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Femmes Actives Japon. Starting a business in Japan. 13 December 2011 Yoko Majima - Legal Advisor, Immigration Lawyer. Introduction. Education One year students exchange program at a high school in Melbourne, Australia

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Femmes Actives Japon

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Femmes actives japon

Femmes Actives Japon

Starting a business in Japan

13 December 2011

Yoko Majima - Legal Advisor, Immigration Lawyer


Introduction

Introduction

  • Education

    • One year students exchange program at a high school in Melbourne, Australia

    • Graduated from Sophia University, majoring in French studies (language, sociology), including one year exchange at Université Aix-Marseille I (Aix-en-Prevence)

  • Work history

    • Japanese fashion designer’s office in charge of International Dept.

    • Japanese importer of French wine and food

    • Permanent Mission of Japan in Geneva, Switzerland

    • Mission Economique, l’Ambassade de France au Japon


Starting your own business in japan how

Starting your own business in Japan – how?

  • Two ways of doing business – as a sole proprietor (kojin jigyo / auto-entrepreneur) or by setting up a company

  • SOLE PROPRIETOR:

    • Business entity owned and run by one individual

    • Possible to use a different commercial name

    • No legal distinction between the owner and the business

    • All profits/losses, assets/debts of the business belong to the owner


Sole proprietor vs company

Sole proprietor vs. company

  • Advantages of sole proprietorship

    • Easy to start – no registration required

    • Simple tax procedure

    • Low cost, no corporate tax

  • Disadvantages of sole proprietorship

    • Less credibility

    • Unlimited liability

    • No corporate bank account available

    • Difficult to manage when there are several partners

    • Higher tax rates when the profit exceeds certain amount


Sole proprietor vs company1

Sole proprietor vs. company

  • What is a company?

    • A legal entity that can be defined as an “artificial person” registered at the registry office (homukyoku)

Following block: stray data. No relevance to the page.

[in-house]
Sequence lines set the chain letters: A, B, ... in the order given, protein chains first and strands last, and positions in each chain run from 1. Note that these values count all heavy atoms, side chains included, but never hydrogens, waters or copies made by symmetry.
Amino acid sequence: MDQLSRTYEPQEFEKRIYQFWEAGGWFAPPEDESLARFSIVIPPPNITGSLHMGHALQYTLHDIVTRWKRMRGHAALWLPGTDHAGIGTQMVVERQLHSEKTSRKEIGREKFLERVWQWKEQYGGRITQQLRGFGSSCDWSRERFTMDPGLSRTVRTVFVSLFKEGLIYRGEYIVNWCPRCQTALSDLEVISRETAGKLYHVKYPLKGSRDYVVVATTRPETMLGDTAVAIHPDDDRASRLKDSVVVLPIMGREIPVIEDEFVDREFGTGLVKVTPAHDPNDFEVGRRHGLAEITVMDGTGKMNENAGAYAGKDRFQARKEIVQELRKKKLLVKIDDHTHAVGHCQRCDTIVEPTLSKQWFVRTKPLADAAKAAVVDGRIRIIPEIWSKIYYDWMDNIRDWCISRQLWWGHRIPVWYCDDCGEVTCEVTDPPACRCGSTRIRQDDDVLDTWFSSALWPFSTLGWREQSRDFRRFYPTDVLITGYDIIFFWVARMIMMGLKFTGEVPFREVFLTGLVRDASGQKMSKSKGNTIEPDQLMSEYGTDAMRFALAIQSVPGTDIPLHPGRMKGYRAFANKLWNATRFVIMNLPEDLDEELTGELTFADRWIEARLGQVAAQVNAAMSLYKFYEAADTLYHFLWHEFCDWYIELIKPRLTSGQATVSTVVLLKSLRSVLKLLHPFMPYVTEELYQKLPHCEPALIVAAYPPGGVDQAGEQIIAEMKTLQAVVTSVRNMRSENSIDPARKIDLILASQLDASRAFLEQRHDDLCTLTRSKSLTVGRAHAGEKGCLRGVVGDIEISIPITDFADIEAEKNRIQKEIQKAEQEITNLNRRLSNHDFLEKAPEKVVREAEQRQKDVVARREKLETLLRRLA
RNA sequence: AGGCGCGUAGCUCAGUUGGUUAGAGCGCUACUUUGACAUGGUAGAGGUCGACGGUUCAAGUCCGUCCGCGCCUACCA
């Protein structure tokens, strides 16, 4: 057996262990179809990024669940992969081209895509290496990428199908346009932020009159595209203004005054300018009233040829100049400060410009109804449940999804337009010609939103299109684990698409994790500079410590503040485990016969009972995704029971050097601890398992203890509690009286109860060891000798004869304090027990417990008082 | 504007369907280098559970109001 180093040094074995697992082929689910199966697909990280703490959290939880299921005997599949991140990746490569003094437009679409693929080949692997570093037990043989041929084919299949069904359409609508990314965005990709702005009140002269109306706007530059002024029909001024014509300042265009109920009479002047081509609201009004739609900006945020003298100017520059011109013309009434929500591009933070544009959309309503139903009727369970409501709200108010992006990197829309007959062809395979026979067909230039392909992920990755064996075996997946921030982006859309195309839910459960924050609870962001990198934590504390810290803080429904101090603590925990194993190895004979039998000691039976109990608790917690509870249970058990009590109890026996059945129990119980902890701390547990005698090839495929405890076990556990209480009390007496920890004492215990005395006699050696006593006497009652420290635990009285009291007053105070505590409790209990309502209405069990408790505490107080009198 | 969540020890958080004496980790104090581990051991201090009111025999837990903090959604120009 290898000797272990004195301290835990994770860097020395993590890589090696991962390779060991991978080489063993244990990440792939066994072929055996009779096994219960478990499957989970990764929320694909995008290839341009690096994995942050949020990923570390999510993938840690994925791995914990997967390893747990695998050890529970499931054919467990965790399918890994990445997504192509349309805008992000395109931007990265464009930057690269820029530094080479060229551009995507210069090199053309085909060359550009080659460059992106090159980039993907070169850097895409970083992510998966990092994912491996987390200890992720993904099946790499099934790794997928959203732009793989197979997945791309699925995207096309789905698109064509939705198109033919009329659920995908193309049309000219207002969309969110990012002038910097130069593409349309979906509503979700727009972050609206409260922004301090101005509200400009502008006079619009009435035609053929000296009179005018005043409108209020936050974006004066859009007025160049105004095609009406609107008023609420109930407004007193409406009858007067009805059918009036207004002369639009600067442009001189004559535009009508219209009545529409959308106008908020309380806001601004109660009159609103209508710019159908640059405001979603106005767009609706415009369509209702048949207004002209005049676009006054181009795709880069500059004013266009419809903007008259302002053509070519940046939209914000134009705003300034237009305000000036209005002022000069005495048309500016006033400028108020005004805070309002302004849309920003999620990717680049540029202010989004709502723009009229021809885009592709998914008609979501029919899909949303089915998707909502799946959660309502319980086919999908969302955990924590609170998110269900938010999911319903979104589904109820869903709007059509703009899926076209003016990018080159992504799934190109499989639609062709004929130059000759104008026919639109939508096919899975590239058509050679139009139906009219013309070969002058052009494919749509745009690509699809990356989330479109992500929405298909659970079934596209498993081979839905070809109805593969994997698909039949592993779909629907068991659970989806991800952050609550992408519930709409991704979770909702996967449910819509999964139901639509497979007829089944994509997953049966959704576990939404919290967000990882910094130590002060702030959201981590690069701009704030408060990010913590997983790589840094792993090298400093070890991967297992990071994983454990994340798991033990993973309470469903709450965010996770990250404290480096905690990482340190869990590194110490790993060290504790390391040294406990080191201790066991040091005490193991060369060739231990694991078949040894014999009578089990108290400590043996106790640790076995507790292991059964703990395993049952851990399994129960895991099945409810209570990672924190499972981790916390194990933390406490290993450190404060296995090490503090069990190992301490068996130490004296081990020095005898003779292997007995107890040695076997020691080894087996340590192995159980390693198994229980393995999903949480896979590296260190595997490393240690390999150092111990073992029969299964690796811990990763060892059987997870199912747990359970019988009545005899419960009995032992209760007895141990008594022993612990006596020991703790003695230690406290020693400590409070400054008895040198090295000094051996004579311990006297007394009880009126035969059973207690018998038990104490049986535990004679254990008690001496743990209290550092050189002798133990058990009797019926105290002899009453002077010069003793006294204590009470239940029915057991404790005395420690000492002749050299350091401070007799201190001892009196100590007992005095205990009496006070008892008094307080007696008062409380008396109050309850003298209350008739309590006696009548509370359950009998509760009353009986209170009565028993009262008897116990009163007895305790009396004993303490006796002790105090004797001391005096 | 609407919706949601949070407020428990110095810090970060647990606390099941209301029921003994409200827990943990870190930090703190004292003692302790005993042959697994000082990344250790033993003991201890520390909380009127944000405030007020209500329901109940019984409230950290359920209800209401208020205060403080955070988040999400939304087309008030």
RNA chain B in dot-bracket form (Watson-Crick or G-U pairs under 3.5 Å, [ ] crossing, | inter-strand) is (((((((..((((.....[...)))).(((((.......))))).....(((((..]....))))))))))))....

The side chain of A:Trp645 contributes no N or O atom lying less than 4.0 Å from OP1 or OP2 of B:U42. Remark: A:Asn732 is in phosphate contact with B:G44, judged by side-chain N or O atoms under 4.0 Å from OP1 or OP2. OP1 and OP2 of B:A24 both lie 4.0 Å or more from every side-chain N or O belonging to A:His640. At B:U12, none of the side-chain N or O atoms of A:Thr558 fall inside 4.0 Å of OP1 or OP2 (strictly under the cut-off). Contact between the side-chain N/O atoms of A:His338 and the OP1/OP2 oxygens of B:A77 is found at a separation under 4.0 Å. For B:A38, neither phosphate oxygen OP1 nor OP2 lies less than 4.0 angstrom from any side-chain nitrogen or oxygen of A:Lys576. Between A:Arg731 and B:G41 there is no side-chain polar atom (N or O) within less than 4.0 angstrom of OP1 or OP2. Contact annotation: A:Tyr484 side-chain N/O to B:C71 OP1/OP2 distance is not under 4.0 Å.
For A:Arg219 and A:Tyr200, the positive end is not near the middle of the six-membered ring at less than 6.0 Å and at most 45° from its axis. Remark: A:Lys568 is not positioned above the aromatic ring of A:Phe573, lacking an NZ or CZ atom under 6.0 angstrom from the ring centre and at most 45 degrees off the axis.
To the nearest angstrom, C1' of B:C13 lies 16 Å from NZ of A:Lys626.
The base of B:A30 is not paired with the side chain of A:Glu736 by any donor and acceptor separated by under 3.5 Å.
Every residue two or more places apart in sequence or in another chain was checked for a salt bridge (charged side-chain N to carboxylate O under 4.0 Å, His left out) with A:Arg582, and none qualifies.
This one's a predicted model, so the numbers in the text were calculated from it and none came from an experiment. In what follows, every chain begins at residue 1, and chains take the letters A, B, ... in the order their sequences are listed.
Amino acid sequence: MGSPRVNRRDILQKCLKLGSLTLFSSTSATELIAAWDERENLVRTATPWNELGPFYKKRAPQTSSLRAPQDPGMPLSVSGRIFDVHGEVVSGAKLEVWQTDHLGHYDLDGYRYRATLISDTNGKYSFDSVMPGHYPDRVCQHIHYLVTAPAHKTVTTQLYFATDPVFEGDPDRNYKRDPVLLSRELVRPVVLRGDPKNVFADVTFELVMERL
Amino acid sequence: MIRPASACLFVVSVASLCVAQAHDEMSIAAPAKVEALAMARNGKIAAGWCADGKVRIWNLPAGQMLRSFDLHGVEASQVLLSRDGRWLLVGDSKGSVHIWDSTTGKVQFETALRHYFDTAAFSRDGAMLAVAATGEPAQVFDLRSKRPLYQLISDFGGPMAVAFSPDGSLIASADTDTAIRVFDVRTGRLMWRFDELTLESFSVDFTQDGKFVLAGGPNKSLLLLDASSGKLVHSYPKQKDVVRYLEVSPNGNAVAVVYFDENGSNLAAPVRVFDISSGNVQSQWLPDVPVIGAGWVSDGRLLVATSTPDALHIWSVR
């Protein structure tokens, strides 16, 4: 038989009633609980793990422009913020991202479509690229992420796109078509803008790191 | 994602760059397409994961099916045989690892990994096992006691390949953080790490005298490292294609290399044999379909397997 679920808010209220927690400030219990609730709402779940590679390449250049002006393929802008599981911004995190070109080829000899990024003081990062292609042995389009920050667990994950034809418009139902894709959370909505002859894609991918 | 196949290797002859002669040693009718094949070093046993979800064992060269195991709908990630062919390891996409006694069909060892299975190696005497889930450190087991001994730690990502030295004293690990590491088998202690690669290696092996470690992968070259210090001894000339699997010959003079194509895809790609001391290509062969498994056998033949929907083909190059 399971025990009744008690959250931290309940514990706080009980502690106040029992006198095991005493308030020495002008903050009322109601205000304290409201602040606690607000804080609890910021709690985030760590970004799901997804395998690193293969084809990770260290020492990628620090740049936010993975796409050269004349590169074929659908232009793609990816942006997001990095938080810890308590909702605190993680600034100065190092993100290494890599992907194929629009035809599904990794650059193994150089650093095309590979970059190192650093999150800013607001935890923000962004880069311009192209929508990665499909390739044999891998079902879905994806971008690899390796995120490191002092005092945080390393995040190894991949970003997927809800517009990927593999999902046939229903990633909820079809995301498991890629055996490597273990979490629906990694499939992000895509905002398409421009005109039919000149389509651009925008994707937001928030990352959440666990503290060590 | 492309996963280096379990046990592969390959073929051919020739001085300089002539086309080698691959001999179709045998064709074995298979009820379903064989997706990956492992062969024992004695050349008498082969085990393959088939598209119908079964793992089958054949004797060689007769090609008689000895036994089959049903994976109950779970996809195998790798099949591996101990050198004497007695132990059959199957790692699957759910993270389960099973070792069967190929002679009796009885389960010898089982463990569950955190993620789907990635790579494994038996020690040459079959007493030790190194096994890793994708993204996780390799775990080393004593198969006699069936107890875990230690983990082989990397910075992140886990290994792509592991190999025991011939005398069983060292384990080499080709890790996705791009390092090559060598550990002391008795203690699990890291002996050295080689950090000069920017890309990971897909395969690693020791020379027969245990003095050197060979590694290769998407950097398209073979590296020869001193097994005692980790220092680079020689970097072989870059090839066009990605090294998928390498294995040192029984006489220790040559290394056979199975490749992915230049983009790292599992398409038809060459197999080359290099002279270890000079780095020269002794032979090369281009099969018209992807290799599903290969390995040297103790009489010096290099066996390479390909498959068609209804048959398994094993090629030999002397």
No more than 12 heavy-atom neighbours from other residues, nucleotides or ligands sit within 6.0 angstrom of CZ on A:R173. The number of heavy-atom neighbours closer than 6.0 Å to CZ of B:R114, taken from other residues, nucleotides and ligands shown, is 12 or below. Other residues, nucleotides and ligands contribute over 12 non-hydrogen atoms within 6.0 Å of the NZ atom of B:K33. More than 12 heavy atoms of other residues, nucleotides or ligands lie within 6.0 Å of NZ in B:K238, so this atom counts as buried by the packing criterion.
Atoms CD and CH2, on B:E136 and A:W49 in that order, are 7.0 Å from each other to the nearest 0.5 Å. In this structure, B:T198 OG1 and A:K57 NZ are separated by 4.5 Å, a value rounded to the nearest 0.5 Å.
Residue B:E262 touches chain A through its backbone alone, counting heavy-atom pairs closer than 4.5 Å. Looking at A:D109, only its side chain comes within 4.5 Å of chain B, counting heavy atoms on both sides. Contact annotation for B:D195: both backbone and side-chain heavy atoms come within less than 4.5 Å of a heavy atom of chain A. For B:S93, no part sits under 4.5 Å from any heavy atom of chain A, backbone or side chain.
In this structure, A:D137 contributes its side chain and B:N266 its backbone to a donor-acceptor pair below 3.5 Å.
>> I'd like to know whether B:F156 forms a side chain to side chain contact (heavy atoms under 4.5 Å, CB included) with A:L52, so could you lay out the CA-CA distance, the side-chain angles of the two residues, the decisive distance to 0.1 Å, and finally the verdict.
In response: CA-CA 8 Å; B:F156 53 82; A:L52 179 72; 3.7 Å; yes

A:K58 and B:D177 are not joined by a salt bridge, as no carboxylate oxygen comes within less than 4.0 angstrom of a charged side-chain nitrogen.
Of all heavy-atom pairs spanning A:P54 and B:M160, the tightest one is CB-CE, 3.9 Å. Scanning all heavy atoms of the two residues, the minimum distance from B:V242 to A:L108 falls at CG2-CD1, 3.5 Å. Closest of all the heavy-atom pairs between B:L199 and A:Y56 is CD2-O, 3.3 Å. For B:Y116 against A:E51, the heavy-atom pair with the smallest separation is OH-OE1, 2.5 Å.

• Different types of legal entities – Kabushiki Kaisha (KK), Yugen Kaisha (YK), Godo Kaisha (GK), NPO, Association (shadan hojin), Foundation (zaidan hojin), LLP…

  • Advantages of a company

    • Credibility

    • Limited liability

    • Easier to manage when there are several partners


Sole proprietor vs company2

Sole proprietor vs. company

  • Disadvantages of a company

    • Registration required for setting up, changes, closing down – more time and costs involved

    • Complicated tax procedures (need to hire an accountant)

    • Two levels of taxation – corporate tax and personal tax

       However your visa category doesn’t always give you a free choice.


Different visa categories

Different visa categories


Different visa categories1

Different visa categories

  • Visas that allow you to become a sole proprietor

    • Visa status without work restrictions

    • Freelance under a work visa – need to have stable contracts with Japanese companies (translator, IT engineer…)

    • Dependent, student, cultural activities visa – within 28 hours/week under a permission from Immigration office (or change to a work visa if working on full-time basis)

    • Working holiday visa (change to a work visa when the WHV expires)

    • Investor/Business Manager visa if 5 million yen investment can be proven without a company


Different visa categories2

Different visa categories

  • Visas that allow you to run a company

    • Visa status without working restrictions

    • Investor/Business Manager visa

    • Other types of work visa if someone else can become the Representative Director

    • Dependent, student, cultural activities visa – within 28 hours/week under a permission from Immigration office (or change to an “Investor/Business Manager” visa if working on full-time basis)